*April Fool alert - this article is factually incorrect and contains poor jokes. You can breathe a sigh of relief - the Bolster Stone remains intact (as far as we know!)*
Skye's iconic Inaccessible Pinnacle has lost the Bolster Stone, the prominent boulder which had been perched precariously on its summit. As a result of the rockfall yesterday afternoon the height of the 'In Pinn' has reduced by a little over eight metres. The adjacent peak of Sgurr Dearg is now marginally higher, and though its promotion has yet to be officially endorsed it seems inevitable that it will replace the In Pinn as the listed Munro summit.
The rockfall was witnessed by a group of scramblers in Coire Lagan. The team reported hearing a loud rumbling noise, which alerted them to a plume of dust and a pile of rubble below the west side of the Pinnacle.
Non-climbing hillwalkers may be relieved at the In Pinn's demotion. As the most technically difficult mountain summit in the British isles, and famously the only Munro that required high level rock climbing skills by its easiest route, it was a major barrier to anyone trying to complete all 282 Munros.
Local guides, who have made a fortune leading height-averse Munro baggers to the summit, are likely to suffer from its loss, and proposals have already been made either to reposition the fallen boulder, or to replace it with a 'tastefully constructed' cairn of equal height.
'75% of my work is climbing the Pinn and folk have already started to cancel because they don't need us anymore' said Mike Lates of local firm Skye Guides.
'Our poor guides will really suffer; they'll have to stop their ski-touring, cancel their alps trips, and one is even talking about selling his Arcteryx jacket. I'll have to tighten the belt too - the Beemer will soon be gone & I'll be back in a Focus. Disneyland Paris instead of Florida was really hard to tell the kids.'
The Cuillin are renowned for loose rock and the occasional spectacular loss of iconic features, so it comes perhaps as no surprise that the infamous boulder has finally succumbed to time and weather. In 2007 the In Pinn was hit by lightning, and lost a huge chunk on its north-west corner.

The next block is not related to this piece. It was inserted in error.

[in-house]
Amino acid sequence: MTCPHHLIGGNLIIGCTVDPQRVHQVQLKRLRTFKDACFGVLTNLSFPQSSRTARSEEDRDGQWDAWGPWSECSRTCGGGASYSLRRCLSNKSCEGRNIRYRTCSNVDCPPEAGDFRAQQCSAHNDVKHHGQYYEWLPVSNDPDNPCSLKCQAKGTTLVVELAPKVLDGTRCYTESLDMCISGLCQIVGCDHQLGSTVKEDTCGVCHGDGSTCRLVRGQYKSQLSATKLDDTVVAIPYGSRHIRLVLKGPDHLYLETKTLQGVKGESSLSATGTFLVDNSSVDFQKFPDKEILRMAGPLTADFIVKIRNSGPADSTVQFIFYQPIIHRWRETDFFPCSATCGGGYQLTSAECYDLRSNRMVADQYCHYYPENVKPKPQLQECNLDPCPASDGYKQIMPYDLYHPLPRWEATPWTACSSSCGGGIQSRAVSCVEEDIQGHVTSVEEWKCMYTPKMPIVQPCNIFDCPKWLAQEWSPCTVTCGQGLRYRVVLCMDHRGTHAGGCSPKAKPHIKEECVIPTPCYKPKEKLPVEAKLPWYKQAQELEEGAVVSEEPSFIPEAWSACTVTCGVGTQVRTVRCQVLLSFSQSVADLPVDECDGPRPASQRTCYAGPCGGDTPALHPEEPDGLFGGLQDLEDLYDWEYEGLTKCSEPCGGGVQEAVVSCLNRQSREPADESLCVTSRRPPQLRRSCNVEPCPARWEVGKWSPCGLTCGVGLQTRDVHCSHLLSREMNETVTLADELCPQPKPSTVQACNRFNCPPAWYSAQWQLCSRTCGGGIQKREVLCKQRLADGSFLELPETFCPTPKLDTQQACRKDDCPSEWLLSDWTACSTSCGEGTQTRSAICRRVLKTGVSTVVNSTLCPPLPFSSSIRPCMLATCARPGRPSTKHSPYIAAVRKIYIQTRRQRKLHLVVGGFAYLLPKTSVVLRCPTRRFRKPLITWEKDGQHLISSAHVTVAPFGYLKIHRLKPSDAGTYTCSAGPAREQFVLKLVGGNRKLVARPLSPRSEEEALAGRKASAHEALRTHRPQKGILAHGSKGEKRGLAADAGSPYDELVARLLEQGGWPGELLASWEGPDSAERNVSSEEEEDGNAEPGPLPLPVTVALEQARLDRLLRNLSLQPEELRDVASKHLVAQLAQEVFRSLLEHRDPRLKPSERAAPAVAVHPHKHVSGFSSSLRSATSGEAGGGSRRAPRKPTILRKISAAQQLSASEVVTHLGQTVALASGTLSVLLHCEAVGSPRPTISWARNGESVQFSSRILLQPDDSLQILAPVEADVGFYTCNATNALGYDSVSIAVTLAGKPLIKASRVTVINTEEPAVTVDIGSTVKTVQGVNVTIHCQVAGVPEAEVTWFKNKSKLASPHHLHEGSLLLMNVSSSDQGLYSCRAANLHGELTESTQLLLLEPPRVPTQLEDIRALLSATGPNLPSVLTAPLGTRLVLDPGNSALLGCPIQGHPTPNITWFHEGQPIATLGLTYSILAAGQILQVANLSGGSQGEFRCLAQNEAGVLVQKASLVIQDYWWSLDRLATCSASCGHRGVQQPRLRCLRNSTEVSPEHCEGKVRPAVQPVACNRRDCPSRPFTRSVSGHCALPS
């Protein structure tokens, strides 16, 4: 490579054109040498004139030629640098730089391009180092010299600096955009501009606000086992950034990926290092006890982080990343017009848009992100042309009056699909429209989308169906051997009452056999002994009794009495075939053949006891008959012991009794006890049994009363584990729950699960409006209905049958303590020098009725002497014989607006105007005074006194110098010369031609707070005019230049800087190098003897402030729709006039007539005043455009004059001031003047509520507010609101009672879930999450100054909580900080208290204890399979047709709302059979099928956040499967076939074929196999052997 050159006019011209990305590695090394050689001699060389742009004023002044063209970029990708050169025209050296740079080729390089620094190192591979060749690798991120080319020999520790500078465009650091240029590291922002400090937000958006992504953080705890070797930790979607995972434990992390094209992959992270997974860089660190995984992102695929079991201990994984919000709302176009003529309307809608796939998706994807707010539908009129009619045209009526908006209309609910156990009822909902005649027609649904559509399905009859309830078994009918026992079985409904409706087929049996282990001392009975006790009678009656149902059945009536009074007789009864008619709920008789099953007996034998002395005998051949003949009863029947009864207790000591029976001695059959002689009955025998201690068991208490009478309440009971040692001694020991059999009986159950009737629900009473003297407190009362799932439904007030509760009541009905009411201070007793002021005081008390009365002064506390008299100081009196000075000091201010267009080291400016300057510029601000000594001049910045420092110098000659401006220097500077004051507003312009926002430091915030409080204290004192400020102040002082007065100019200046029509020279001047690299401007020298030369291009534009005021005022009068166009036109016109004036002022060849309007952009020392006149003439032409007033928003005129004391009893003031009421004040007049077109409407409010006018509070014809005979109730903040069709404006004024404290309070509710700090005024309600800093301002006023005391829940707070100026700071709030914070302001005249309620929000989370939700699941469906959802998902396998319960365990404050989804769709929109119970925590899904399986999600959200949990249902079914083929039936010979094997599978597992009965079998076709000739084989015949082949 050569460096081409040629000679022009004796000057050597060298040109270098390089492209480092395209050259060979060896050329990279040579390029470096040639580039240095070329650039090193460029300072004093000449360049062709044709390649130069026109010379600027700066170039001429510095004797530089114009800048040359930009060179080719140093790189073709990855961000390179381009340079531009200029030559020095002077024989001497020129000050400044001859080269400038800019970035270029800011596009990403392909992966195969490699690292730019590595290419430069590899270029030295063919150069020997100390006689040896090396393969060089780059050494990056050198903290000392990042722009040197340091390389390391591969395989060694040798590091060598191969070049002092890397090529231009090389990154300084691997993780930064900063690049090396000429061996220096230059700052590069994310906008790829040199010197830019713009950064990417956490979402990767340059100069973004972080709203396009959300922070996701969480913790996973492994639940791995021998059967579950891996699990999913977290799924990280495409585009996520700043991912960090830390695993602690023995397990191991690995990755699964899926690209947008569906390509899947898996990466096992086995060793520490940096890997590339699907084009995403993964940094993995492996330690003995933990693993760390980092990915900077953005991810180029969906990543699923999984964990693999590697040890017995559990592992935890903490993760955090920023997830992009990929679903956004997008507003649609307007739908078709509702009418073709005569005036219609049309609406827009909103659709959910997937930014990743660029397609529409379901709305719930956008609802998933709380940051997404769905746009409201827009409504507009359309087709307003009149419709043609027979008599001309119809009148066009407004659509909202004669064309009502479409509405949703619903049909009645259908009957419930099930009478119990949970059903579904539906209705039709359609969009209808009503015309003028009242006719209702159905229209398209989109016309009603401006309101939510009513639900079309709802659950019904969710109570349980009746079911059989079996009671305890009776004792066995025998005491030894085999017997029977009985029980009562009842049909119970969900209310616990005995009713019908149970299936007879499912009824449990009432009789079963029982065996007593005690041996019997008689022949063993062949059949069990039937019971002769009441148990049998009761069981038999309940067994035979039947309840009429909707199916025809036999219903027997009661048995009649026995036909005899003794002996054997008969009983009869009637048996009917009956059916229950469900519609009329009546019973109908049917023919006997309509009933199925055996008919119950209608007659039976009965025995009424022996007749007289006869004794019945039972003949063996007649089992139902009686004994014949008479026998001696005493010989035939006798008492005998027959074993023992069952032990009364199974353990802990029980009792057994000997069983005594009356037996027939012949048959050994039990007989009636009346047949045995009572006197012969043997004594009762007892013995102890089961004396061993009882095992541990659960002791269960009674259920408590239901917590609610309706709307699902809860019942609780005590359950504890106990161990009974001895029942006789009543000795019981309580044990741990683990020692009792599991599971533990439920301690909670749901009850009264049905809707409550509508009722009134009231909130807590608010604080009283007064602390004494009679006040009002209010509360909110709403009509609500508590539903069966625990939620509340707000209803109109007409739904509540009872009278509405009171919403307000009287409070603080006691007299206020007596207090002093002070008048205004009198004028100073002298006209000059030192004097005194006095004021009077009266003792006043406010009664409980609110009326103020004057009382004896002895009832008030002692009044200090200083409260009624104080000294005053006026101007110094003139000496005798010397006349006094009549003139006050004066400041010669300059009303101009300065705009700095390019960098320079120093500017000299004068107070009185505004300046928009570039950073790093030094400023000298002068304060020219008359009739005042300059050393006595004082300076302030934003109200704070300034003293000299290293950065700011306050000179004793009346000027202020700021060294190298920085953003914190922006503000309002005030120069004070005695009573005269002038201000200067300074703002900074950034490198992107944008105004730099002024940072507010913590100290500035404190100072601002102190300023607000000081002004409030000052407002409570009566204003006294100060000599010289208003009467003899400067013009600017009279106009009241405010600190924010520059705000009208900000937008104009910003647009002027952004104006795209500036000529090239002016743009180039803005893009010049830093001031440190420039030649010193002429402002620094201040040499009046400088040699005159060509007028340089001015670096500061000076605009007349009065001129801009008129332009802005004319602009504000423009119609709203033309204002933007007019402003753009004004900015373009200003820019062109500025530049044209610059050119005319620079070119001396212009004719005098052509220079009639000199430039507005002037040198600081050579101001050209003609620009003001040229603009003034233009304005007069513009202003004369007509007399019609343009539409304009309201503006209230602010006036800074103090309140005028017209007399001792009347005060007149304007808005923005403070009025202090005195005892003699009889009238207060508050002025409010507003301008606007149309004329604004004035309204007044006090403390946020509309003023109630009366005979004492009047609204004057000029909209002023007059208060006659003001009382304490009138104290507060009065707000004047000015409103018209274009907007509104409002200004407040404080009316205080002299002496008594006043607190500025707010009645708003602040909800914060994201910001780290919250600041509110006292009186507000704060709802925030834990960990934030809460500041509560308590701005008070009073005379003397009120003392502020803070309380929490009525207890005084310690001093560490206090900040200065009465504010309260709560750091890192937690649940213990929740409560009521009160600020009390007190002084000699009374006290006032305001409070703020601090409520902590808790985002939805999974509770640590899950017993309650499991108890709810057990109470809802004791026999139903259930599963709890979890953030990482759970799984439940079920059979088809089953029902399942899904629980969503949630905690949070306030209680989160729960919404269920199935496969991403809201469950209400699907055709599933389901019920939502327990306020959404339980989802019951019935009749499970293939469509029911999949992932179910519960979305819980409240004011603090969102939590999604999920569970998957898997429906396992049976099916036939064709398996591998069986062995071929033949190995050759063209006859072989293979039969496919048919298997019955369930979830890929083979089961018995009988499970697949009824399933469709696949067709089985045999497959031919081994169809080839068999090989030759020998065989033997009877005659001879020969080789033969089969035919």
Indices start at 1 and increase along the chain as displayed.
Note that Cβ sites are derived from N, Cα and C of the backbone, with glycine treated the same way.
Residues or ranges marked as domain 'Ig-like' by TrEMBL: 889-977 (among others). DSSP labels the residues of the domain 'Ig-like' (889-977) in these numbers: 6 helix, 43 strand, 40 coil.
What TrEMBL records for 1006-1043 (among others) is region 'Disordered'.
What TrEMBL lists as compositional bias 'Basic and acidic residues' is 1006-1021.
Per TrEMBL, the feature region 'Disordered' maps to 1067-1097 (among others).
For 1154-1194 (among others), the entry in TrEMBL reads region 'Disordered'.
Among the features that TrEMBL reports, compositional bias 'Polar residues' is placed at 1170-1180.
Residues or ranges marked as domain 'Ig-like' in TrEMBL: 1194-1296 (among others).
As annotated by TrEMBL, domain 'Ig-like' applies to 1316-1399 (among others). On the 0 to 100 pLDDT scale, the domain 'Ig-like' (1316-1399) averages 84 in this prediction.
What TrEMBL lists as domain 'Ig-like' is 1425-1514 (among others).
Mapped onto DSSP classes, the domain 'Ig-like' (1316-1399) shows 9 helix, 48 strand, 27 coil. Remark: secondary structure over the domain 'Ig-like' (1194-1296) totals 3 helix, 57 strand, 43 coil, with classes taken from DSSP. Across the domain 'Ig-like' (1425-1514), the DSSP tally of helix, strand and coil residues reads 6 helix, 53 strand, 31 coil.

'This is devastating news but the lightning strike in 2007 was a warning' confided Mike Lates; 'I should have retrained in IT then.'
'There'll have to be an enquiry of course. Tony was up with the dogs yesterday looking for signs of deliberate vandalism. With bolting so openly supported by the MCofS & BMC it was only matter of time before someone lowered the Pinn to their own safety levels. We expected a via ferrata might one day be put up, and could have lived with that, but if the felling of the Bolster Stone was a deliberate act then it really was a step too far.'
Following yesterday's rockfall questions are now being raised regarding the structural integrity of the rest, and fears have been voiced that the entire Pinnacle might even be at risk of sliding into Coire Lagan. Climbers and hillwalkers are being warned to wear helmets to guard against that possibility.
'I've heard Mountain Training UK will be offering courses on how to deal with loose rock up there, and only those with a LOOSE-R ticket will be able to work here after this season' said Mike Lates.
84-year-old scrambler Maple Foule was a member of the group that witnessed the rockfall. She commented:
'I couldn't believe my ears when I saw what had happened. I've been walking in this area for years and it has always looked very precarious, as though it could fall at any moment. But I never truly believed it would drop off before I did.'
She added: 'I blame that Danny MacAskill for posing on top of the summit block with a BMX. The weight of his bike must have weakened it.'